This section is from the book "A Treatise On Architecture And Building Construction Vol2: Masonry. Carpentry. Joinery", by The Colliery Engineer Co. Also available from Amazon: A Treatise On Architecture And Building Construction.
To guard against this, the banks or sides of the excavation are sheet piled, as shown in Fig. 1.
Sheet piling consists of a plank cut to a point at the lower end, placed closely in line, and driven into the ground against the bank of the excavation, as shown at (a), Fig. 1, which is a front elevation of sheet piling. At a is shown the piling driven into the cellar bottom b, against the bank of the excavation. At (b) is a section across the piling to show the braces d placed against the batten e to retain the piling in place against the earth pressure at the top. The stake shown at f is driven in to keep the brace d from slipping. These braces are usually spaced about 10 or 12 feet apart, and are necessary when the excavation is a deep one.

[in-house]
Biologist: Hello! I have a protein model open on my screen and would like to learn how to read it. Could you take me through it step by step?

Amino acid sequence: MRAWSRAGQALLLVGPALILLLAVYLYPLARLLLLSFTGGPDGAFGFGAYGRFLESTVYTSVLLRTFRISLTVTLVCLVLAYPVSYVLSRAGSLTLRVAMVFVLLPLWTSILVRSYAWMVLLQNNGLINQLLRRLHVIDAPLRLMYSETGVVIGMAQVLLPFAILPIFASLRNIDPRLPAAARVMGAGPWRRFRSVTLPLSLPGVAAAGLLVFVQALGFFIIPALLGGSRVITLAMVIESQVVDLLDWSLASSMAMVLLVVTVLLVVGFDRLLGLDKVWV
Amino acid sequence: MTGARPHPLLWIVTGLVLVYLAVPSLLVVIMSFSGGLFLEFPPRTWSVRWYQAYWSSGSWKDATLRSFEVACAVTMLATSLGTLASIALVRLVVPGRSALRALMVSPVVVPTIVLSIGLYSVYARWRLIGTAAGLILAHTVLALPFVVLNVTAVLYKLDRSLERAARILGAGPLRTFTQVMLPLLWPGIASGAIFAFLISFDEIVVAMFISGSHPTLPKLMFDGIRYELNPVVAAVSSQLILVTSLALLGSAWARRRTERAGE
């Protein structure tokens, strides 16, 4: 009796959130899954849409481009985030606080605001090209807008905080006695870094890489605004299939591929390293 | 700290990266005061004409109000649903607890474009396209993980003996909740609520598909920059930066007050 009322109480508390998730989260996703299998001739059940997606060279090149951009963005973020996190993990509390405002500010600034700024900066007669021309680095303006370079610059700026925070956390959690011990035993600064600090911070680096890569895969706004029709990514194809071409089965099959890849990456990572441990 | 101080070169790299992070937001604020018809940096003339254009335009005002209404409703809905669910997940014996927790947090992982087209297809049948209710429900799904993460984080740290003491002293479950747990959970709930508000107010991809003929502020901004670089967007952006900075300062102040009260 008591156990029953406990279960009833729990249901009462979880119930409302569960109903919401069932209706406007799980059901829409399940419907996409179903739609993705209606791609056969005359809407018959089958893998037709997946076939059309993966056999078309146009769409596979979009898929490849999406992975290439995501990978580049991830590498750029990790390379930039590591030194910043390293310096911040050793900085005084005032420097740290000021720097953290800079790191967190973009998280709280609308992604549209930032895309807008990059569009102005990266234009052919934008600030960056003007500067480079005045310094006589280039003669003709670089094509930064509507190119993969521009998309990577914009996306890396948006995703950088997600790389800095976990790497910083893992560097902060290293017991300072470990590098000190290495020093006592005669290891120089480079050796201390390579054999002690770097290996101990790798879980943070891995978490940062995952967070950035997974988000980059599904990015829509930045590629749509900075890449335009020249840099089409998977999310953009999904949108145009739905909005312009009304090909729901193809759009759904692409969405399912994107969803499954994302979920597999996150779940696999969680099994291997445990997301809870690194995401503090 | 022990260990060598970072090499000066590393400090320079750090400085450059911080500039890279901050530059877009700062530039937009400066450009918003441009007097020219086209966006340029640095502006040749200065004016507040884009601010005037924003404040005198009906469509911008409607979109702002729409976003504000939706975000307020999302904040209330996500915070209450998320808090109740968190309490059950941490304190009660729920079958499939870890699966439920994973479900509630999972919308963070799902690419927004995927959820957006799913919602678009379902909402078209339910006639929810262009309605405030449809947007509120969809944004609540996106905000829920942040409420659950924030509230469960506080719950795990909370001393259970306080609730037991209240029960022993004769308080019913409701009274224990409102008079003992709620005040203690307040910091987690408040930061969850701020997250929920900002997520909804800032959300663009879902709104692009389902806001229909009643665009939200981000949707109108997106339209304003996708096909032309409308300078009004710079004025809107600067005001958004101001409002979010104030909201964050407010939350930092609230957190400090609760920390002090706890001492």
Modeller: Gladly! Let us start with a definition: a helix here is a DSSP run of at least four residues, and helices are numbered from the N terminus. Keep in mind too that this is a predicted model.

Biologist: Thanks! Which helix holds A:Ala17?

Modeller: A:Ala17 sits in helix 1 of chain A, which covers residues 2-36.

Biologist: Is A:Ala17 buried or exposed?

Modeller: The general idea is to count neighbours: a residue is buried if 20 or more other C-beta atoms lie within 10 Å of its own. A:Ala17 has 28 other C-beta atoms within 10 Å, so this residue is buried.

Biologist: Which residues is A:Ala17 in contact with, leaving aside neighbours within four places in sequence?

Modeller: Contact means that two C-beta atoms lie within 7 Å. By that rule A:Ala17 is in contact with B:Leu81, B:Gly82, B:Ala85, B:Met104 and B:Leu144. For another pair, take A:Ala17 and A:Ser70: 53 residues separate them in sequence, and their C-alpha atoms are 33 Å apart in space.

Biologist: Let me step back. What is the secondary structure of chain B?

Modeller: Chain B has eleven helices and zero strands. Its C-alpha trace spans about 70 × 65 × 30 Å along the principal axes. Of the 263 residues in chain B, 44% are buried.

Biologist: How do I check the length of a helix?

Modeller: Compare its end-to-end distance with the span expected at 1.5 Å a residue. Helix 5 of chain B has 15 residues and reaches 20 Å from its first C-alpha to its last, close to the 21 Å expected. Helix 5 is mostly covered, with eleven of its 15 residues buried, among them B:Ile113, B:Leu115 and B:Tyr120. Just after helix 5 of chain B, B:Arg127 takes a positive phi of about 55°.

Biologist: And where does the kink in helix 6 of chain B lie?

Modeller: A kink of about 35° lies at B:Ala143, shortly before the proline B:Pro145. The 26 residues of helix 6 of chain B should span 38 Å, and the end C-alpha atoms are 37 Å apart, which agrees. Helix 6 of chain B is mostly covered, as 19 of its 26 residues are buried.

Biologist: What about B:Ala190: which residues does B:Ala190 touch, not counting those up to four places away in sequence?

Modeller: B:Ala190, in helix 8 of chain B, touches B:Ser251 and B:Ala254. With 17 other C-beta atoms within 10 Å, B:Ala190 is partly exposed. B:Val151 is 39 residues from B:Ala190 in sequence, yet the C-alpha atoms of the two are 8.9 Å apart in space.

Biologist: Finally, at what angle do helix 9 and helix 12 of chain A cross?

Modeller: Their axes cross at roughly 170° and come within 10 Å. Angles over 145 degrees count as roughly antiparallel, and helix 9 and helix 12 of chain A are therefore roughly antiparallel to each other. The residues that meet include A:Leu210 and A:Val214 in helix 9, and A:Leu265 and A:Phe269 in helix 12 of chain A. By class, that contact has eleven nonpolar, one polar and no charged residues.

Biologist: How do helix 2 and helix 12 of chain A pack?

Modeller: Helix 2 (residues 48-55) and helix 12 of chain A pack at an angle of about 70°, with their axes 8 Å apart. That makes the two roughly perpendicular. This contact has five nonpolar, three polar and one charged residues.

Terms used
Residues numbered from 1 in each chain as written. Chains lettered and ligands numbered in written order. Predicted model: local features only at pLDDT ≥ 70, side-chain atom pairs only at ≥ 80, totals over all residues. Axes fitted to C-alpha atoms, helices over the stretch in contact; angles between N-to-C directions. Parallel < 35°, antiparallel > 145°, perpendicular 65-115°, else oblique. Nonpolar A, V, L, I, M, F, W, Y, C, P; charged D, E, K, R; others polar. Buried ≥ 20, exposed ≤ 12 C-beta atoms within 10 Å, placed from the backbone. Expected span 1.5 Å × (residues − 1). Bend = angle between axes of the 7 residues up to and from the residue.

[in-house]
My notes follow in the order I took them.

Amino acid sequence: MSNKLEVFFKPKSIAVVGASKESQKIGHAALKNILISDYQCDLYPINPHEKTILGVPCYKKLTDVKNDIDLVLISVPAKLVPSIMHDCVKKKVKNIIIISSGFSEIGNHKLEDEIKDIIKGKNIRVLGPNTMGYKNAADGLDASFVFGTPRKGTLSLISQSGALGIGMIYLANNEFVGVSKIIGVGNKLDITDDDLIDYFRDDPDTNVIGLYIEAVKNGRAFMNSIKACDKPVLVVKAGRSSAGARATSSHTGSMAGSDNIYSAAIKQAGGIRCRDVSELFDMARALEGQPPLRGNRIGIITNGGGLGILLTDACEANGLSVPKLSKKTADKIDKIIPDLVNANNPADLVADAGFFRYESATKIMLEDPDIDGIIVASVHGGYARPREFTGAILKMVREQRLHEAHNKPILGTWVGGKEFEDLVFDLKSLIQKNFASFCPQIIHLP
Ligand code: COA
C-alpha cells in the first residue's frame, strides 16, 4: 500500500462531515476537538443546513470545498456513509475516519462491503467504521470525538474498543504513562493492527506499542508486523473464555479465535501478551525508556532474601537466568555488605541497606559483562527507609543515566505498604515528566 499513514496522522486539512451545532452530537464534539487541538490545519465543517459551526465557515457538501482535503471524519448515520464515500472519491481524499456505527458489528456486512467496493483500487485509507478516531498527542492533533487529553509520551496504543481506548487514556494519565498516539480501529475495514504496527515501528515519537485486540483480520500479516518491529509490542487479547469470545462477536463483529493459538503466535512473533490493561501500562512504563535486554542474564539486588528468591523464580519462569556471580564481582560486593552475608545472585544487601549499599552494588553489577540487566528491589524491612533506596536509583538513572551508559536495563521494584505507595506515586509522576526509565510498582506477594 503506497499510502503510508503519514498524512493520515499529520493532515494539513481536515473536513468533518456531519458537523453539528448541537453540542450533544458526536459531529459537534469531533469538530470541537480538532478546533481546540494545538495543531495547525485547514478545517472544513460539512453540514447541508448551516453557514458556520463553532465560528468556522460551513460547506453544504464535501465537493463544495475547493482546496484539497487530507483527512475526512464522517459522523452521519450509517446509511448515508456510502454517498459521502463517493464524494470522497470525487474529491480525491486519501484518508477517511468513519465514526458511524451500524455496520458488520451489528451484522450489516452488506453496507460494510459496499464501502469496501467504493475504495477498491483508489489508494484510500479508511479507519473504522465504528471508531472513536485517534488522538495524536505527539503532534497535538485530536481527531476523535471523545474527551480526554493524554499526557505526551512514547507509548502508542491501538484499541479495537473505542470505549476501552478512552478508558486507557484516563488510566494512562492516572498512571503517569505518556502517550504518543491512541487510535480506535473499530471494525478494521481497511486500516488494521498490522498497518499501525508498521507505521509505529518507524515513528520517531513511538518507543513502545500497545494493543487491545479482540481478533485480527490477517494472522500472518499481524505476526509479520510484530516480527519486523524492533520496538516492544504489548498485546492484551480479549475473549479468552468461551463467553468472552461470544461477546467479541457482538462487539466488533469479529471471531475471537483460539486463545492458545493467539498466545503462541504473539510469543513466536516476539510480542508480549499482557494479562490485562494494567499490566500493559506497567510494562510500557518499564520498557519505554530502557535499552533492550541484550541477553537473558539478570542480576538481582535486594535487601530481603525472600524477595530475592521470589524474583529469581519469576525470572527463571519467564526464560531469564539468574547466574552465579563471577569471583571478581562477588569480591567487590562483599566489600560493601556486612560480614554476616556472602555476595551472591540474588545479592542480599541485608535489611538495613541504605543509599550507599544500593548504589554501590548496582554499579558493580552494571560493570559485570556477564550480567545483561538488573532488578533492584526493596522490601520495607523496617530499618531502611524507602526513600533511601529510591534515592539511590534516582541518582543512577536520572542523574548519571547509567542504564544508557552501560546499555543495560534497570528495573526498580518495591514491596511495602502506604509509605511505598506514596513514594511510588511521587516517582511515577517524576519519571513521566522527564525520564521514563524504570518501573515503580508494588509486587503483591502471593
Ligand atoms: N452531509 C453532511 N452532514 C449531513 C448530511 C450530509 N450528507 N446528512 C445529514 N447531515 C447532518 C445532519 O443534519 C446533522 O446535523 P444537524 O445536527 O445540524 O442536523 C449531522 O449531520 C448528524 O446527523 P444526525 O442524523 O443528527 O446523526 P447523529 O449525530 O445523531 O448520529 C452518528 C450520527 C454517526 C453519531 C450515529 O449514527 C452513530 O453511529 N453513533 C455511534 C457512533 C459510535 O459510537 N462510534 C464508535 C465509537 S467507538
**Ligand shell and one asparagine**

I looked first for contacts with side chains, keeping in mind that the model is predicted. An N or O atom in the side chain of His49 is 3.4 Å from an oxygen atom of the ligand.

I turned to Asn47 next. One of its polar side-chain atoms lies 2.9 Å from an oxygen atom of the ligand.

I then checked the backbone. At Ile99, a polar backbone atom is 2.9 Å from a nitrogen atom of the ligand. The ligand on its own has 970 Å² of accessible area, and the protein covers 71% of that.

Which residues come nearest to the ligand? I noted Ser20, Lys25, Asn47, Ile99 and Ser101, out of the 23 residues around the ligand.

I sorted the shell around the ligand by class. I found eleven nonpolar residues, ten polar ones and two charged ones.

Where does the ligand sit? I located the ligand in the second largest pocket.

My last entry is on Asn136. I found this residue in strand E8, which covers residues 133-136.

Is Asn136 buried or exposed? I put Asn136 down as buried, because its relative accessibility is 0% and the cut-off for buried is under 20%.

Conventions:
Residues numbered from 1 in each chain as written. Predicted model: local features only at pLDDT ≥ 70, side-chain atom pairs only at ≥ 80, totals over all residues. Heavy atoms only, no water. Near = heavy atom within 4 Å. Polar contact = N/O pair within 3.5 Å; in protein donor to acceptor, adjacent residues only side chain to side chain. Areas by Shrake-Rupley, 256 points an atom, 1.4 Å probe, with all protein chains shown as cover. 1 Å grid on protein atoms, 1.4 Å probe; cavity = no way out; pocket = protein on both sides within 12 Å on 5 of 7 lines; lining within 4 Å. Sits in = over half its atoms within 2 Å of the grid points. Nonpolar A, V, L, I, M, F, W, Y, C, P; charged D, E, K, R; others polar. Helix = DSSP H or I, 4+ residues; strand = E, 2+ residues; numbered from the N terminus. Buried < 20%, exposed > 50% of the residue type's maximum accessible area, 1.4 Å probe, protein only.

26. When the foundations of a new building go below those of the adjoining property, the adjacent walls must be underpinned, the method of doing which, will be described in a subsequent section.